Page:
There was once upon a time a smithy and a smith. The smith, however, was no common smith, for his day's work was done before sunrise. That is very hard work. It makes one tired and sad. It makes one quiet and patient. It needs much strength, for one's life is spent alone and one's work is done in the gray of morning.
It was night and the smith was not in the smithy. The fire-spirit was asleep in the forge. His breath glowed but faintly under the ashes and blew a leaping spark into the darkness. The spark, however, soon went out. Only a glimmer of light remained. It sought something hastily and at random in the darkness of the smithy.
The bellow's vast paunch hung in peevish folds. It looked like a corpulent gentleman who had suddenly grown thin. One could have laughed, but there was no one in the smithy who knew how to do so.
The anvil turned its fat head and pointed snout slowly in all directions, and looked at the old iron to be forged that day. There was not much. Just several pieces. They were lying in a corner, covered with dirt and dust, like people who have a long and difficult journey behind them.
The anvil was annoyed. "What riff-raff has collected here!'' it exclaimed. "What a mercy it is that it must go into the forge before it is placed upon my shining head. Otherwise it would be too revolting. No, thank you! Our set is clean."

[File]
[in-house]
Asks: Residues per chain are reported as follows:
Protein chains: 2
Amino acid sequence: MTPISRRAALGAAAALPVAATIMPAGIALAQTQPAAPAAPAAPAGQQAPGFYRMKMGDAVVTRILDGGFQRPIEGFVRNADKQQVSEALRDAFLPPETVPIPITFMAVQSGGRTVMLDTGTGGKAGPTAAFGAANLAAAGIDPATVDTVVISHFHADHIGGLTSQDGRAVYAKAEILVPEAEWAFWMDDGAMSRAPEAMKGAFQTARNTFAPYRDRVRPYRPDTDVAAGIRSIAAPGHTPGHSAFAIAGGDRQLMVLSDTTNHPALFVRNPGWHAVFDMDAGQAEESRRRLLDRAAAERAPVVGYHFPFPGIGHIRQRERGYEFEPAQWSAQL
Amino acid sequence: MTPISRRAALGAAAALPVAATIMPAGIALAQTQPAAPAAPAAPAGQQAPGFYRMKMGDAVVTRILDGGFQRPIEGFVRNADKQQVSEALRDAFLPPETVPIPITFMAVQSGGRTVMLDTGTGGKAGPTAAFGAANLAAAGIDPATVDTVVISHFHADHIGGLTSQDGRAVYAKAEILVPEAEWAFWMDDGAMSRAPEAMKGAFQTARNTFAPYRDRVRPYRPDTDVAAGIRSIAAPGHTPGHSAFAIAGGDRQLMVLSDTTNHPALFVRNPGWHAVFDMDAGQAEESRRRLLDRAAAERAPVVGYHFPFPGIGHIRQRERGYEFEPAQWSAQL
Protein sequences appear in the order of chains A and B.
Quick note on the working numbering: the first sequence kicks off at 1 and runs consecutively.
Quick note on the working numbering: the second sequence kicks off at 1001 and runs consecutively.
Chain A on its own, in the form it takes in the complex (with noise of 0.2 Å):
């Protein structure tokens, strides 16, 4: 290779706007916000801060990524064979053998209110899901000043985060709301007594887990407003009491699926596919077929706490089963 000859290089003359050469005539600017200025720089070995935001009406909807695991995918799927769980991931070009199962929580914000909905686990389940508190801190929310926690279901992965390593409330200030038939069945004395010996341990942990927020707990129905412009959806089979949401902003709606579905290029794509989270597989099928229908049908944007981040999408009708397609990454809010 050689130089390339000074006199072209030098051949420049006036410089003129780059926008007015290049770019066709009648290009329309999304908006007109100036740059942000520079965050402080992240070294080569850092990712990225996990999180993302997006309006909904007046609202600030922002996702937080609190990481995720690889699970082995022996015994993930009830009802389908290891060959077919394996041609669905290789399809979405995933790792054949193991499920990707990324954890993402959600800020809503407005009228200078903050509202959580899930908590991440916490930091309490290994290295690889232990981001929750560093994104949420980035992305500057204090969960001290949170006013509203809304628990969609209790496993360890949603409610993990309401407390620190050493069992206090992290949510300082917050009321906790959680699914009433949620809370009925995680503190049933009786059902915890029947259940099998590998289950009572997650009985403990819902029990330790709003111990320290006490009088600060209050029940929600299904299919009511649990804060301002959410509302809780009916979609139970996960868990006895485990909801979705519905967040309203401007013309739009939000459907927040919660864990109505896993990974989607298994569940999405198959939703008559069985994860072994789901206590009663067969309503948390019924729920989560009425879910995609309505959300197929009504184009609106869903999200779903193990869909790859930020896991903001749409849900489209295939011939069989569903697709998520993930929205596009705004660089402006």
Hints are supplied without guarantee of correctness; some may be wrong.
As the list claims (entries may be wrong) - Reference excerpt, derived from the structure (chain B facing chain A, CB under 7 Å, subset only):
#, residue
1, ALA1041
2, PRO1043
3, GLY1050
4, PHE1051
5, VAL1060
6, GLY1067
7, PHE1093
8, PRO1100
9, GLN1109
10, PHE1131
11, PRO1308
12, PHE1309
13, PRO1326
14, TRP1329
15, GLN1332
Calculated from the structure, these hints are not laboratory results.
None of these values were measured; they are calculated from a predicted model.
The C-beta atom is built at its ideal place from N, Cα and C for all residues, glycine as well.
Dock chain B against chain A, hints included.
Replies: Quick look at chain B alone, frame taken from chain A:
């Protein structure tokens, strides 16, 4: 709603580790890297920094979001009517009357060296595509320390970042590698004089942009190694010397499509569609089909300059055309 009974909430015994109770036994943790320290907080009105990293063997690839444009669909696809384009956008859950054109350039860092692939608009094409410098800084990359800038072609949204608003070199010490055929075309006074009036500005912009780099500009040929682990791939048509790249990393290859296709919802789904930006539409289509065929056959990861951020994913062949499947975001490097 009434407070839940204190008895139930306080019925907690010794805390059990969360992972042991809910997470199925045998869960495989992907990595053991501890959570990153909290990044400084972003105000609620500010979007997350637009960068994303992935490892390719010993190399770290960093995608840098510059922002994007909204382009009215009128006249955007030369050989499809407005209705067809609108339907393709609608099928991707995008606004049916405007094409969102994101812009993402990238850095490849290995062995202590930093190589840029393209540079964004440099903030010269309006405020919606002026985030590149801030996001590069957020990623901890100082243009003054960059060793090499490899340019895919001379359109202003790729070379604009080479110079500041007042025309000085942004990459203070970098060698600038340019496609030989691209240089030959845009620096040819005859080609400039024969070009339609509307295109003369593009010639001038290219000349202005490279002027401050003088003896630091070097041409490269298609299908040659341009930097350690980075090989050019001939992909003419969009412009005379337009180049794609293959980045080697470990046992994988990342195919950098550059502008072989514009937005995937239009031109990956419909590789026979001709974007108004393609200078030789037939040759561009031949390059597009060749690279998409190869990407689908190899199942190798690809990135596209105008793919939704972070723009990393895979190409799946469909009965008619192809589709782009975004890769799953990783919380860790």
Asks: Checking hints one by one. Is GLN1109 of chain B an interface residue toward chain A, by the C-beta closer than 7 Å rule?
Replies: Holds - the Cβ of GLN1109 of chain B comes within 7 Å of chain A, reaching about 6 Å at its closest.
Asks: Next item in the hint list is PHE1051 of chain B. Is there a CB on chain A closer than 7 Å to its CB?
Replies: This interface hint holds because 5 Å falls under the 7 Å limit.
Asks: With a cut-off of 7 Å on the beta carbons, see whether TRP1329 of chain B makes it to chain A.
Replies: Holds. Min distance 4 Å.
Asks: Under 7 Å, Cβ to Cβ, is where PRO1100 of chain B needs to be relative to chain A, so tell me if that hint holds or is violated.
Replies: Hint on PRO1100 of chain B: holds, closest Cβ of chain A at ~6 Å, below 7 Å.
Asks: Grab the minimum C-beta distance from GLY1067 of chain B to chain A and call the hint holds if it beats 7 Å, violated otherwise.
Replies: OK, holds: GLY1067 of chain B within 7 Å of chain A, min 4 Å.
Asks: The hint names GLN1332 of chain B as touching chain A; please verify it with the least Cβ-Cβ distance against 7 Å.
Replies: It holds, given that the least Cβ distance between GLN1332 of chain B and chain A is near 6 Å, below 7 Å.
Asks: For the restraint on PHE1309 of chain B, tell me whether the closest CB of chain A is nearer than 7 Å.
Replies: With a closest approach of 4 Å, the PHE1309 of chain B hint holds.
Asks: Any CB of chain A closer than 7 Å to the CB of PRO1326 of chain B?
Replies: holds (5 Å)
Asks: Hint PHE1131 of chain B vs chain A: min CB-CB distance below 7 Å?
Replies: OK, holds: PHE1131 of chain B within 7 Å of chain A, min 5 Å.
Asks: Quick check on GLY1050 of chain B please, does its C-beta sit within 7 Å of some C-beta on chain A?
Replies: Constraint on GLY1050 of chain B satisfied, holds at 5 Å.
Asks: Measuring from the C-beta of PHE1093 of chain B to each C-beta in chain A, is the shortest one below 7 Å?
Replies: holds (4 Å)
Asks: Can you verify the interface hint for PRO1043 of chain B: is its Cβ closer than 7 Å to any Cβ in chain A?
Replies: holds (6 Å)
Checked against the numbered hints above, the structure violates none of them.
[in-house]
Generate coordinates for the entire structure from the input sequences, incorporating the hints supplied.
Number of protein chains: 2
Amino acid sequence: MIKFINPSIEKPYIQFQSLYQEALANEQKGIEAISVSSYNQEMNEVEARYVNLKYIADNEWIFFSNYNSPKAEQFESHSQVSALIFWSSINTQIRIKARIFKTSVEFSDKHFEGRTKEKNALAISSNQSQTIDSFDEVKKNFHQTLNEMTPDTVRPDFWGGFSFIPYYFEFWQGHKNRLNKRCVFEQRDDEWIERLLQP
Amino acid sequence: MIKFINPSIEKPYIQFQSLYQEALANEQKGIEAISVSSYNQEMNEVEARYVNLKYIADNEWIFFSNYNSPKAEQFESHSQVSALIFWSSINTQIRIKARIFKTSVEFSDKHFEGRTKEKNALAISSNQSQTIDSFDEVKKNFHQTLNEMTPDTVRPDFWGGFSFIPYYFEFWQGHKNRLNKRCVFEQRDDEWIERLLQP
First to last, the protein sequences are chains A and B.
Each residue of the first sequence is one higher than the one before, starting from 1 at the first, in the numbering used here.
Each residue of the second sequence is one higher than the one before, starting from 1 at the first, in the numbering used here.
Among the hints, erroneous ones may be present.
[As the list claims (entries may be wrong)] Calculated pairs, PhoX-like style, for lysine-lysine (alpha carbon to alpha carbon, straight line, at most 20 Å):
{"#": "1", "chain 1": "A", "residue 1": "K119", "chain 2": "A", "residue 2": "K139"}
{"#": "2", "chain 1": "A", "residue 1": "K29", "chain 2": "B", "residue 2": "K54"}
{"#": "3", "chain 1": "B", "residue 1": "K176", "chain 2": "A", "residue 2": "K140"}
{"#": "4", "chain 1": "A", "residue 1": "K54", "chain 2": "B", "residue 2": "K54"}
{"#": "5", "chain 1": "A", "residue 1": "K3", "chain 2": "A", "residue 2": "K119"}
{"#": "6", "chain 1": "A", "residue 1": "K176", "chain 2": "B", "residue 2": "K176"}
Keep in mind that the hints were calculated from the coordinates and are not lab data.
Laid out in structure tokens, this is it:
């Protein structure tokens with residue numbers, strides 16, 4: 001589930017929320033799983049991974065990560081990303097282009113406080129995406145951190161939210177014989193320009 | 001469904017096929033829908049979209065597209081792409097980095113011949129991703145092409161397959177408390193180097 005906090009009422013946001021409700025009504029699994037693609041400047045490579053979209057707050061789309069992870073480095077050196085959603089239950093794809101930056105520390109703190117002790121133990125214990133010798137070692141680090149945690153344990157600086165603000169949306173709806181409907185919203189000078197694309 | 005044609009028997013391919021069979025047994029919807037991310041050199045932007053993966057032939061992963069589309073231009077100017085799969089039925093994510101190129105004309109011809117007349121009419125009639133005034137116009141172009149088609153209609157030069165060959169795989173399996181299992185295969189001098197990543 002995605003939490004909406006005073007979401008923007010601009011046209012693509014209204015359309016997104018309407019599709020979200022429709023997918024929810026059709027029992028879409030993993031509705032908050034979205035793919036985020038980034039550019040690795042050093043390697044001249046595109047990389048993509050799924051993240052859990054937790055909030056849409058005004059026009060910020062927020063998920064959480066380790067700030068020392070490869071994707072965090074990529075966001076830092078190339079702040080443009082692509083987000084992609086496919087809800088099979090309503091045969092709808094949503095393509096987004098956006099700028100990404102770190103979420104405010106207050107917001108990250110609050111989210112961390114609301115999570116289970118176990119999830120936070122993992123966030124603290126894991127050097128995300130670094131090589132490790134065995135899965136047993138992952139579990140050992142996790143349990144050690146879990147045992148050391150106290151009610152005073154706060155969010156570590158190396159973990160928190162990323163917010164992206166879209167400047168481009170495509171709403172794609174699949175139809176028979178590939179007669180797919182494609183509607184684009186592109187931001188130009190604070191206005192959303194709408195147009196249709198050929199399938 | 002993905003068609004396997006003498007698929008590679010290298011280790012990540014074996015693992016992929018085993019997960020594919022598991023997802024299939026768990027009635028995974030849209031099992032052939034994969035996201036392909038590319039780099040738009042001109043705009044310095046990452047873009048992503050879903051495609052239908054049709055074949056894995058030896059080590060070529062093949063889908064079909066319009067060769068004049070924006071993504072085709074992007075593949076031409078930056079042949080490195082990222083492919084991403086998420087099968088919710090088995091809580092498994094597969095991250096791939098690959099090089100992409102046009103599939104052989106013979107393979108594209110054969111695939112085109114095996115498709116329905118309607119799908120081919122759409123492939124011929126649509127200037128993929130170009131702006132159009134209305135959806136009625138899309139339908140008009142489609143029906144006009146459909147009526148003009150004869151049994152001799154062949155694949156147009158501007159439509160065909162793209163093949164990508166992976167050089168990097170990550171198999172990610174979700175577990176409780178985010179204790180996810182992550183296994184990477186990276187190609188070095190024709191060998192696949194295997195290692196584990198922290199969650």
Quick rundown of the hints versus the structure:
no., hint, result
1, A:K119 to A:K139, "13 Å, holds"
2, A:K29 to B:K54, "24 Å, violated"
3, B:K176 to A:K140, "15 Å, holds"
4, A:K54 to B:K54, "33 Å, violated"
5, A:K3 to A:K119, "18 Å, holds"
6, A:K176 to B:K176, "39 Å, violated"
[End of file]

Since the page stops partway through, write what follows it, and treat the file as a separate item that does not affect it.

The anvil screwed up its great snout contemptuously and turned its back upon the old iron. The anvil was a fat-head. It forgot that it was also made of iron, and that the old iron that had traveled so far would shine even as it shone when the fire-spirit had laid hold on it and the hammer had forged it. It thought that, from the very start, iron was either shiny or dirty and dusty, and that it simply remained so. It was, as I said, a fat-head. Neither did it know how laboriously its master had gathered this old iron to forge anew in the gray of morning. The old iron was very much relieved when the anvil had turned its back upon it, and it no longer felt its look of disdain. All the pieces felt this distinctly although they were so dusty and dirty. Now they began to speak in whispers.
They were pieces that varied very much in age. Some were ancient and really should have been in an old curiosity shop. Some were quite young, having been but a few years in the world. But in appearance they were all alike.
"You are so rusty," said a chain sympathizing to an old sword. "That is a very bad complaint. I am sure you cannot feel well."
The sword sighed gratingly between hilt and blade.
"I have suffered from it for long," it said. "I have had it for many hundred years. They are bloodstains. In the course of my life I have seen terrible things. I have been through many hands. One man slew the other with me. One took me from the other to slay still more men. Blood and tears have eaten their way into me. I have known little quiet. I have been drenched in blood, and the man who shed most blood rang the bells with the same hands, and called it his triumph."
"I am only a few years old," said a young saber, "but I have experienced exactly the same."